A small number of students explored another trend of 21st century business: the explosion of start-up ventures. With leaders from humble ventures, a venture-capital firm, they studied the creative process required to take an idea to the reality of implementation. “It’s a crash course in the start up process,” says Jeremy Goldstein, McCain-Ravenel Center executive director.

Ajit Verghese and Harry Alford, co-founders of humble ventures, helped teach the course with Jeremy Goldstein and EHS teacher Matt Fitzgerald.

Other seniors securing externships include:

Sean Kim: When EHS moved to distance learning, Sean returned home to Seoul, South Korea, and assumed an externship was out of the question. But working with Smith, he secured a position with Whirlpool, where he is working with an engineer to research design flaws in consumer washing machines and help Whirlpool make better products. “As engineers, you have to understand the problems of what you’ve made and figure out solutions,” he says.

Sean thinks he will study chemical engineering in college but hasn’t yet decided. “It’s interesting to get an idea of the different specific fields within engineering,” he says.

Wardie Cammack. From her home in Nashville, Tenn., Wardie serves as one of the seven leaders of the Decameron Project, a global community of young writers designed to encourage their work and bring them together during this time of isolation. Though she says she came to EHS with little background in writing — “I had no idea how to write before freshman English” — she’s now an editor with the Daemon and head of the EHS Writing Center.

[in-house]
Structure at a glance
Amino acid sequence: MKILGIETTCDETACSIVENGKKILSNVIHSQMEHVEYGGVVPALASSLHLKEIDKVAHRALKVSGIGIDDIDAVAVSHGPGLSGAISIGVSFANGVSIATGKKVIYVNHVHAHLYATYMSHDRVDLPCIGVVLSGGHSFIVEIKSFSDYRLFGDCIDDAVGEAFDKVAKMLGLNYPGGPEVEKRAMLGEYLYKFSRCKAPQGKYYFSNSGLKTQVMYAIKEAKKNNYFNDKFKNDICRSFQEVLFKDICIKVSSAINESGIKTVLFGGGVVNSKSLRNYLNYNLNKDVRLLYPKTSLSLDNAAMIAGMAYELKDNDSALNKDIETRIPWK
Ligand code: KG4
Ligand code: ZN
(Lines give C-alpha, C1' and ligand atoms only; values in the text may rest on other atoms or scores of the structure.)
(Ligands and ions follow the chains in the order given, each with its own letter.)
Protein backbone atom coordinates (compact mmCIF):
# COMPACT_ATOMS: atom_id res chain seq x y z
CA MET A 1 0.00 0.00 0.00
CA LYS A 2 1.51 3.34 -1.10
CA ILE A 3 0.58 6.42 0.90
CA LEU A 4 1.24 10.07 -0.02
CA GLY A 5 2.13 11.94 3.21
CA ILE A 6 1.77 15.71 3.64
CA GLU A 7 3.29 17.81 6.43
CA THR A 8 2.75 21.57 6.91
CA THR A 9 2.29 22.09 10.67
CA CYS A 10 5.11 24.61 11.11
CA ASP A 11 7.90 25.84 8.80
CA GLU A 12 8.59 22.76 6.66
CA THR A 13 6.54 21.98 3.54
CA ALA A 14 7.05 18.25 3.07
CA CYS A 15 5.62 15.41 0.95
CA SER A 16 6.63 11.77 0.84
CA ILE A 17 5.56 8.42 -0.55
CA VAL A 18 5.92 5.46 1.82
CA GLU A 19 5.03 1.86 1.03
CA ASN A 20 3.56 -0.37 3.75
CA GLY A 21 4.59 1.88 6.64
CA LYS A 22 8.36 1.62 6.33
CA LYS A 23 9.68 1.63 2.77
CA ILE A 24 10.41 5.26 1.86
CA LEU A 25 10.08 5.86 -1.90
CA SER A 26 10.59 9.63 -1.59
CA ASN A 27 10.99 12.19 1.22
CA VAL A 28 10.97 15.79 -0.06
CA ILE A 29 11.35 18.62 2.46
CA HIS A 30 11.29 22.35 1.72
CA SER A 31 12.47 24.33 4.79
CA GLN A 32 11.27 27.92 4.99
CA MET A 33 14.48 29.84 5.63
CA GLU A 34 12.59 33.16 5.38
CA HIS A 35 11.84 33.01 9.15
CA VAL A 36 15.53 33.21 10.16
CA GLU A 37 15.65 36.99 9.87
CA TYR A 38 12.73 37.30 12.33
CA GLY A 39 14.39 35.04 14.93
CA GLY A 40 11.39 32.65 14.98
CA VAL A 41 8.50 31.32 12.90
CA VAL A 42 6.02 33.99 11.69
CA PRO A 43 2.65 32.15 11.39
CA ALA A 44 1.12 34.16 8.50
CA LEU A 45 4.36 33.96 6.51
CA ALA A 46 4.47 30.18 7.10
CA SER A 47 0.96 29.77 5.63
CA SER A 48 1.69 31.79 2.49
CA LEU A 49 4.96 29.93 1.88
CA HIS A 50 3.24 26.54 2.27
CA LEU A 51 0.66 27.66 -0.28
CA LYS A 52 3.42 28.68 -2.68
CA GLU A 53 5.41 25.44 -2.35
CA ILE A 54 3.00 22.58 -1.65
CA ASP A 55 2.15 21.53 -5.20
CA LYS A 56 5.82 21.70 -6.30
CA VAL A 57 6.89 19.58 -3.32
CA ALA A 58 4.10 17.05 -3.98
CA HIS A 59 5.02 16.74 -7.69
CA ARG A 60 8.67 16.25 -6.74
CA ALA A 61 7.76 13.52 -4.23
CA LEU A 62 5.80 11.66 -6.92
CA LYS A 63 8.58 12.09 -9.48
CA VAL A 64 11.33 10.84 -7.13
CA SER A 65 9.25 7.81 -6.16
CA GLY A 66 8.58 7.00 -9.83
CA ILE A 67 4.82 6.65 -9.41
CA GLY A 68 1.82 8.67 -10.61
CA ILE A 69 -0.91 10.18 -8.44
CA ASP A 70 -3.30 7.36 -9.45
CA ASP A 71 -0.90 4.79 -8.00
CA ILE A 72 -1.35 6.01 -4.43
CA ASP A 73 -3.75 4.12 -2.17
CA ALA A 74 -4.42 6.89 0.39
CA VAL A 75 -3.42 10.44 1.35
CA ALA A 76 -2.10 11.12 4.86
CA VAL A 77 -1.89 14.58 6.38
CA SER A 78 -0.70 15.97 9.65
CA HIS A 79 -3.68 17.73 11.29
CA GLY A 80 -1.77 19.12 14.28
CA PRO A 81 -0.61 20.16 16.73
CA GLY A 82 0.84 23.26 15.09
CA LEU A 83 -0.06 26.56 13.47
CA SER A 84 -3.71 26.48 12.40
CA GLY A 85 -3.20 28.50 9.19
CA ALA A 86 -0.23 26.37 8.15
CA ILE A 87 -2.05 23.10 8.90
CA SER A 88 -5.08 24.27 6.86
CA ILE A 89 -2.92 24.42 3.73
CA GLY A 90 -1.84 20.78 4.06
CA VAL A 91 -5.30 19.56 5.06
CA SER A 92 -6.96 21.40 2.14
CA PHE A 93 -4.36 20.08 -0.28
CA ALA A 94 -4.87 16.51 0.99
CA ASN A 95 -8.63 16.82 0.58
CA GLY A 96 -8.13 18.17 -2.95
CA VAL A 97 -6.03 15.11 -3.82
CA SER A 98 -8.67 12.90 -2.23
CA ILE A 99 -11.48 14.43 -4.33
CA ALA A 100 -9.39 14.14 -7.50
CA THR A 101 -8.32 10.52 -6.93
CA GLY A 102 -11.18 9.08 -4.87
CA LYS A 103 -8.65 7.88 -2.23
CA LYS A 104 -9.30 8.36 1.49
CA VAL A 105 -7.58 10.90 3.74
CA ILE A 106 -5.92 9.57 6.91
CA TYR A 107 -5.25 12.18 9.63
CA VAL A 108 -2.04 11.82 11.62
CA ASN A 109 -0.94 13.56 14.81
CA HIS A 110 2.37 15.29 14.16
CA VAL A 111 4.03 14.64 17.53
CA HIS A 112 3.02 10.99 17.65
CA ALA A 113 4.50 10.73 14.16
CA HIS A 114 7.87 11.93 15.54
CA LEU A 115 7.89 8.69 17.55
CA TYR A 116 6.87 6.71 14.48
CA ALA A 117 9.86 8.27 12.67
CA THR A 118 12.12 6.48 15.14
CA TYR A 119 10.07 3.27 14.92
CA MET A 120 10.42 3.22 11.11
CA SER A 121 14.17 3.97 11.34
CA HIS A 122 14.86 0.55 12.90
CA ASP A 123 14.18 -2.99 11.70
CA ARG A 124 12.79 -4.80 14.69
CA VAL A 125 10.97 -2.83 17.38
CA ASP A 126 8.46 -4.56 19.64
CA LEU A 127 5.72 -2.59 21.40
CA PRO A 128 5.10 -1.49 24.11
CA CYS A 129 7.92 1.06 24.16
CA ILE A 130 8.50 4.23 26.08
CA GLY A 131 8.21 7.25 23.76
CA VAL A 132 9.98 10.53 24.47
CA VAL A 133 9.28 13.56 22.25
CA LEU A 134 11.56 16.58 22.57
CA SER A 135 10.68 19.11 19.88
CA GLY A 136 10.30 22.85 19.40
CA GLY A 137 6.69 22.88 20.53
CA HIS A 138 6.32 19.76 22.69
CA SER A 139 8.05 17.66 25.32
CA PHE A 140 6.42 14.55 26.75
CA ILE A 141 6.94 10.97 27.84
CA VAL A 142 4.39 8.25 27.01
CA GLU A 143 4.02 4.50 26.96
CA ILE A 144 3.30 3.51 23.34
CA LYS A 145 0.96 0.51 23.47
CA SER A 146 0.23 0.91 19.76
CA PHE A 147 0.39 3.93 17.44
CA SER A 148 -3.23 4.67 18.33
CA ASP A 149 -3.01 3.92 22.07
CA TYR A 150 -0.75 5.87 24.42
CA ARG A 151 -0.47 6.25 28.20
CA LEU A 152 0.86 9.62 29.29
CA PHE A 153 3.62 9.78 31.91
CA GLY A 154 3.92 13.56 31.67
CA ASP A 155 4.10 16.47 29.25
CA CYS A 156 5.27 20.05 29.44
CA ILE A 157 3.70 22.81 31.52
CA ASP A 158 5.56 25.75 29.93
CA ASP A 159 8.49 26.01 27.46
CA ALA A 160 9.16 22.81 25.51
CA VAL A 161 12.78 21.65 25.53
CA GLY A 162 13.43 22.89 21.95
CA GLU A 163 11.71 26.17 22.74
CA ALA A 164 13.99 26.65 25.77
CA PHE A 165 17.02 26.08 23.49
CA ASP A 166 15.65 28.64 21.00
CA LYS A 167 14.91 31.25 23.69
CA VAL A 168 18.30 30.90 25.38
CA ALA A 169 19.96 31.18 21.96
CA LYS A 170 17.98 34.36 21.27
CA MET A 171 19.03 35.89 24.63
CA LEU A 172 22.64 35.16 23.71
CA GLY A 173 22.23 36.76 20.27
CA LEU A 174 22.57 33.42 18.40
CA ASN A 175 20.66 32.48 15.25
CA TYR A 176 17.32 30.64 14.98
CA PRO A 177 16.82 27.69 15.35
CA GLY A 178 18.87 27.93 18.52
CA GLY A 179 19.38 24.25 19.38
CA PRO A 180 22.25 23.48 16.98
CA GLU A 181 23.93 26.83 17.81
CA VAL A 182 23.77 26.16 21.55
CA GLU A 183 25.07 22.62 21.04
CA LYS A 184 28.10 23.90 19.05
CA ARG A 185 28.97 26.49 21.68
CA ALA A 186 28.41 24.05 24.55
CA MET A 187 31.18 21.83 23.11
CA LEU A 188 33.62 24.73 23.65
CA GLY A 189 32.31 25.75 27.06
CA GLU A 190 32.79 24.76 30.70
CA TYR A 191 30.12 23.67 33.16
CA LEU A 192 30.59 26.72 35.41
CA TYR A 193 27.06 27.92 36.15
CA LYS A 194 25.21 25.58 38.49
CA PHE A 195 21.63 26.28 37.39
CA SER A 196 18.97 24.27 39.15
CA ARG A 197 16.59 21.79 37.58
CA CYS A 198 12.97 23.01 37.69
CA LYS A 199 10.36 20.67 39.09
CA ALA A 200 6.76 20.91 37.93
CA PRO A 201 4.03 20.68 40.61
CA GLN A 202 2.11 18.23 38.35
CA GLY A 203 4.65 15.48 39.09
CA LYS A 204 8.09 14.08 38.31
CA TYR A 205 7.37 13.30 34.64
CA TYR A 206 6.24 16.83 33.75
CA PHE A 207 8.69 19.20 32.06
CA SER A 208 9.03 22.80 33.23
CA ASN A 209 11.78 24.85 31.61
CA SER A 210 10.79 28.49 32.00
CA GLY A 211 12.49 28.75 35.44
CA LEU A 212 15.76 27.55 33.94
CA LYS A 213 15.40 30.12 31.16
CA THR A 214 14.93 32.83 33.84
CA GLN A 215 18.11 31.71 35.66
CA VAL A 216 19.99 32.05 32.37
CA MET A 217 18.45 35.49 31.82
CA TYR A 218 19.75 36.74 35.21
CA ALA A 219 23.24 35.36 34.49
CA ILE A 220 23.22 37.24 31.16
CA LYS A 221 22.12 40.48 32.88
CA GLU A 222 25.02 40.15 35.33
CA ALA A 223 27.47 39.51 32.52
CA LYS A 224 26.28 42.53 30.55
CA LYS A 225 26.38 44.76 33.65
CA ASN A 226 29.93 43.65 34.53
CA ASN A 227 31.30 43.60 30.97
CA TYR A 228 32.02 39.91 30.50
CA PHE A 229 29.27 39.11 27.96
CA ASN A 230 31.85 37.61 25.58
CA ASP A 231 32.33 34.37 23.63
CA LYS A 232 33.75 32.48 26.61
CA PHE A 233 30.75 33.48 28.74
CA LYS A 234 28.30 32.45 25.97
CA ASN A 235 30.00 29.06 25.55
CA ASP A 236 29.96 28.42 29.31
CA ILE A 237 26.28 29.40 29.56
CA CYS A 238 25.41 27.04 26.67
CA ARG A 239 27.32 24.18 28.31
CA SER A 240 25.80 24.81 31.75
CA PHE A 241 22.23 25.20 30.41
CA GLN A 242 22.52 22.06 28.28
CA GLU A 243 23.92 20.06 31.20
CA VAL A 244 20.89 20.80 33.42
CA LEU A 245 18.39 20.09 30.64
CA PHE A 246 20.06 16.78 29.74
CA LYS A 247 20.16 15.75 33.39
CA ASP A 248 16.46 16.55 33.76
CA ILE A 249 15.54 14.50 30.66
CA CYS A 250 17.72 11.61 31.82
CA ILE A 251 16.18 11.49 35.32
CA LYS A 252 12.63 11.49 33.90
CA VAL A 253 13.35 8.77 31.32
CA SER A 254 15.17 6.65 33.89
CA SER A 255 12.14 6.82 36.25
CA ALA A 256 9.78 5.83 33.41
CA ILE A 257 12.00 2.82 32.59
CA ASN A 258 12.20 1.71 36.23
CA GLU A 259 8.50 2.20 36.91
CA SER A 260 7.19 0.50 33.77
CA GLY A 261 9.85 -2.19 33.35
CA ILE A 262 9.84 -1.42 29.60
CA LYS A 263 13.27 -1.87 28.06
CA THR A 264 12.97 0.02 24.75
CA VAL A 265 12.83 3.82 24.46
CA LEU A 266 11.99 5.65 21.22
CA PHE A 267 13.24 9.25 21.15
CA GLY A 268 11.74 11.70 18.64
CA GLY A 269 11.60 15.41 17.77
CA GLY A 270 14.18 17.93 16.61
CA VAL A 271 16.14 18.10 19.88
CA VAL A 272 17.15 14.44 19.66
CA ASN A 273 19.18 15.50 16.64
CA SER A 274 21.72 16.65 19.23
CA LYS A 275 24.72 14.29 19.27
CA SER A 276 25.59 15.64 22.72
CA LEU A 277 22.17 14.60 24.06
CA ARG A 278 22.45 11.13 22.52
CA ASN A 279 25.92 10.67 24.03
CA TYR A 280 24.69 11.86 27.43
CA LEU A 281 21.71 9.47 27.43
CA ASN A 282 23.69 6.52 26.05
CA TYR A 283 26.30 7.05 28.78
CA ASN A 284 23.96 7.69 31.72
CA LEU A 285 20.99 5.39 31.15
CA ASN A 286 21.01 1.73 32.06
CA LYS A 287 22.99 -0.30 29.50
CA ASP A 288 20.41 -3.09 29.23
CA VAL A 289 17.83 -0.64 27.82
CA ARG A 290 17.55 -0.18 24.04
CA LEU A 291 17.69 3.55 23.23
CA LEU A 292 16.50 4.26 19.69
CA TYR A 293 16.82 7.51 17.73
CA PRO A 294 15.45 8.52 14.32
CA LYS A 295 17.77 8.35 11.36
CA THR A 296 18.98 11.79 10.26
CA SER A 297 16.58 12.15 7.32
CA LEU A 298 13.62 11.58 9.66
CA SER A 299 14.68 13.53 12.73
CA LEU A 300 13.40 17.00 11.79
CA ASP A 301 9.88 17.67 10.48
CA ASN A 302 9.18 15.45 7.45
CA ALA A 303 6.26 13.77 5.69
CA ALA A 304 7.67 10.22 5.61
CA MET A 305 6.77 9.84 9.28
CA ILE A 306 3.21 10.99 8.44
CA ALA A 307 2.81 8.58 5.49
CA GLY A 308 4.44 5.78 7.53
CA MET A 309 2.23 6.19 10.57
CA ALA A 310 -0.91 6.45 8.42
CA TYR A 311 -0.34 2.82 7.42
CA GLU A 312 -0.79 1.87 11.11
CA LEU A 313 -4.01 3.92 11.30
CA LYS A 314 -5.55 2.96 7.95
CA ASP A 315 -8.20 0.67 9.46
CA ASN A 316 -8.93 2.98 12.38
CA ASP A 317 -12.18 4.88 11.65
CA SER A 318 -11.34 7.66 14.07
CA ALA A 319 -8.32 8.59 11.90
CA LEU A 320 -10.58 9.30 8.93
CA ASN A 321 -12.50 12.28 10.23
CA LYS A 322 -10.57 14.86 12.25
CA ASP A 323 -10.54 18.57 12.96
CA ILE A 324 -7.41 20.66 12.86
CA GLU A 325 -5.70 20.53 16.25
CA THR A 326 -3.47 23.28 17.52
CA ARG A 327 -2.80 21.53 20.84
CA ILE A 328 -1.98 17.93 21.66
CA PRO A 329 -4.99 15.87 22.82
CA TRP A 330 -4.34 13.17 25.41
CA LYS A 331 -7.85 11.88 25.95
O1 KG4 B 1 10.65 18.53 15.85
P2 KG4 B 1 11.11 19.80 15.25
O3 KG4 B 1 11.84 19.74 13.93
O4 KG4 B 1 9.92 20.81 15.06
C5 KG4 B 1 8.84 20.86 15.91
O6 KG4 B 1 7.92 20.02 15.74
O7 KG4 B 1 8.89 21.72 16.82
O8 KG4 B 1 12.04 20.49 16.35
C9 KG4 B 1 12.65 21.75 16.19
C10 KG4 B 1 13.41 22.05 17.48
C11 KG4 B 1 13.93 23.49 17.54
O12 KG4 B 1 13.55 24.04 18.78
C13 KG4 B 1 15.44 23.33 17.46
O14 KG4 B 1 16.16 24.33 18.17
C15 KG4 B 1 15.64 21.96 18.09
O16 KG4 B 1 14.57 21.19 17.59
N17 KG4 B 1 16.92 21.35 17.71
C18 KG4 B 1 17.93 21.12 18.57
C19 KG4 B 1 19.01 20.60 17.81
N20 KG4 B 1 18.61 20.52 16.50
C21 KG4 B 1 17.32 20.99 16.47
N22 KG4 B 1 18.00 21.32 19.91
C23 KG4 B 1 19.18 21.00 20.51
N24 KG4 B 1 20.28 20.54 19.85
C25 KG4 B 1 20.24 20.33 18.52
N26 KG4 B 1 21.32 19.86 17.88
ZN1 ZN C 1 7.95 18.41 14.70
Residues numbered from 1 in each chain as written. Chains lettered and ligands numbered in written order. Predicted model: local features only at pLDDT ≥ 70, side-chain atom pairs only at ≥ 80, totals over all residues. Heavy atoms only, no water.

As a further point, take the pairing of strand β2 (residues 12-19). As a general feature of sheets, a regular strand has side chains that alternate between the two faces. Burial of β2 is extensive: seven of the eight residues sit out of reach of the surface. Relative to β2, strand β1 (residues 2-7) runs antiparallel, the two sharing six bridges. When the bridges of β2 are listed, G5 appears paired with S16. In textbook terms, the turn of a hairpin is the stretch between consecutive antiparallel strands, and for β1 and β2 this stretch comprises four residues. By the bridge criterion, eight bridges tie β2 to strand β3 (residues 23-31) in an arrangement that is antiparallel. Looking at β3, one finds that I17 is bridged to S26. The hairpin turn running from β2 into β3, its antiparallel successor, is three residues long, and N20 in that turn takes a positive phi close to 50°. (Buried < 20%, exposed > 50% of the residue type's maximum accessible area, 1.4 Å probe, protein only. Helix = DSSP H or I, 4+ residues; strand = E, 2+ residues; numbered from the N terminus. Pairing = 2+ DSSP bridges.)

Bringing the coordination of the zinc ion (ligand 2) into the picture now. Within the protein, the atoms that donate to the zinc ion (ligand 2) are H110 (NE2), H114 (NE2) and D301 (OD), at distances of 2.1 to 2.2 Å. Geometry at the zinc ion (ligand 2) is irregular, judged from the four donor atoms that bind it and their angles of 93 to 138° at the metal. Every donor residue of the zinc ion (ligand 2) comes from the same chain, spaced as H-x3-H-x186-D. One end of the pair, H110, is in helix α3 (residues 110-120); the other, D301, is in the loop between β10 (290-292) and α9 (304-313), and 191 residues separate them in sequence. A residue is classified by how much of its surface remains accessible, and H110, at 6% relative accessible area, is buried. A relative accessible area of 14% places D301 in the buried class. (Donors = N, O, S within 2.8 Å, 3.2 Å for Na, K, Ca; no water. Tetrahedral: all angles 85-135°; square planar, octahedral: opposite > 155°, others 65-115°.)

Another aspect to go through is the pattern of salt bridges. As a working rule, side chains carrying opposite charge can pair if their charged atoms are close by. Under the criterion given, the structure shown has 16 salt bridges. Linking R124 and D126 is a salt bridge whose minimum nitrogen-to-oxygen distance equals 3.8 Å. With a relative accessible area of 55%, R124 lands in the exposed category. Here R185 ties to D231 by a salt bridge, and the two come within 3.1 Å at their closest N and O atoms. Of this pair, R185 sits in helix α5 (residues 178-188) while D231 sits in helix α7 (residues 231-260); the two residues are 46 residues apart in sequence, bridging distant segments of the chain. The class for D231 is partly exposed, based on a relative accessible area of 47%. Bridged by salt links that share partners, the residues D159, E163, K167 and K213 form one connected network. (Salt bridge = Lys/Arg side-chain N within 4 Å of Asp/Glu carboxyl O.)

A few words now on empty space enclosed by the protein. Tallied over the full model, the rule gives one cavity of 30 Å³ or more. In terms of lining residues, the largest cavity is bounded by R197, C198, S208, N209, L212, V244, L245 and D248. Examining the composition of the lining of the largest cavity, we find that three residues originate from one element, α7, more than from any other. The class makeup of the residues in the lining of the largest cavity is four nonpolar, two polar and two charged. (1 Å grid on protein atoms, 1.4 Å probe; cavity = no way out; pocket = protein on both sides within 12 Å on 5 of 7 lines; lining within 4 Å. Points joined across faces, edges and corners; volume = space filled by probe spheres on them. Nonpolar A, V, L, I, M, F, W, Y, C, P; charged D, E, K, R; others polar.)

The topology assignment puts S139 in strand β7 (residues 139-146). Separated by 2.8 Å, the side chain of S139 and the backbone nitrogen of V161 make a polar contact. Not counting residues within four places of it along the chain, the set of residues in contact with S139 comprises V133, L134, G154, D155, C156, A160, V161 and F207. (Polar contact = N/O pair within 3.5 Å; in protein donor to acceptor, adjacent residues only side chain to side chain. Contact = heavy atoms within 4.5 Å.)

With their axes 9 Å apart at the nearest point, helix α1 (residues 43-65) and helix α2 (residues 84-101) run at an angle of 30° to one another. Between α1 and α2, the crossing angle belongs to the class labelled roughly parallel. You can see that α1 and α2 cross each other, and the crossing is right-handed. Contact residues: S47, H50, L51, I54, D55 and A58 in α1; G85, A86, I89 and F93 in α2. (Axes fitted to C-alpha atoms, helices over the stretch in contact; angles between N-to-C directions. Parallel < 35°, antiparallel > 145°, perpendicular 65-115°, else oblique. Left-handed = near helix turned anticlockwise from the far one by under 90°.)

Two New York City high school juniors founded Decameron, which is inspired by “Decameron,” Giovanni Boccaccio’s novella that features 100 stories told by 10 young Italians as they confront the bubonic plague that swept through Asia and Europe during the mid-1300s. Wardie curates student work to publish on the site, particularly those that win a coveted spot as a featured article. “A lot of our featured pieces are about social issues like race or mental health, or they’re just good stories that have a message behind them or theme,” she says.

South Wallace: Taking a cue from John Krasinski’s “Some Good News” YouTube broadcast, South started a video series for the EHS community, joking that he wanted to help people “come up with new things to say to your family during quarantine.” His broadcasts have helped EHS students, parents, faculty and staff, and alumni stay connected, with interviews of teacher Mike McGowan and next year’s Head Monitor Clay Sailor ’21 as well as alumni Alex Jones ’64, a former journalist, and Dina Clay ’06, a nurse in a New York City hospital hit by Covid-19.

Tymu Chenery: Tymu, who grew up in inner city Baltimore, has joined Harlem Lacrosse, a nonprofit that provides at-risk youth academic support, mentoring, leadership training, college readiness career exploration, admissions counseling, and lacrosse instruction. Tymu, a basketball standout at EHS who will play at Quinnipiac University next year, is mentoring middle school students in Baltimore neighborhoods heading to boarding school next year.

He says he draws from his own experience coming to EHS and emphasizes the importance of time management. “I tell them there are going to be people there to support them, but it’s not like you’ve got your mom there telling you to do your work.”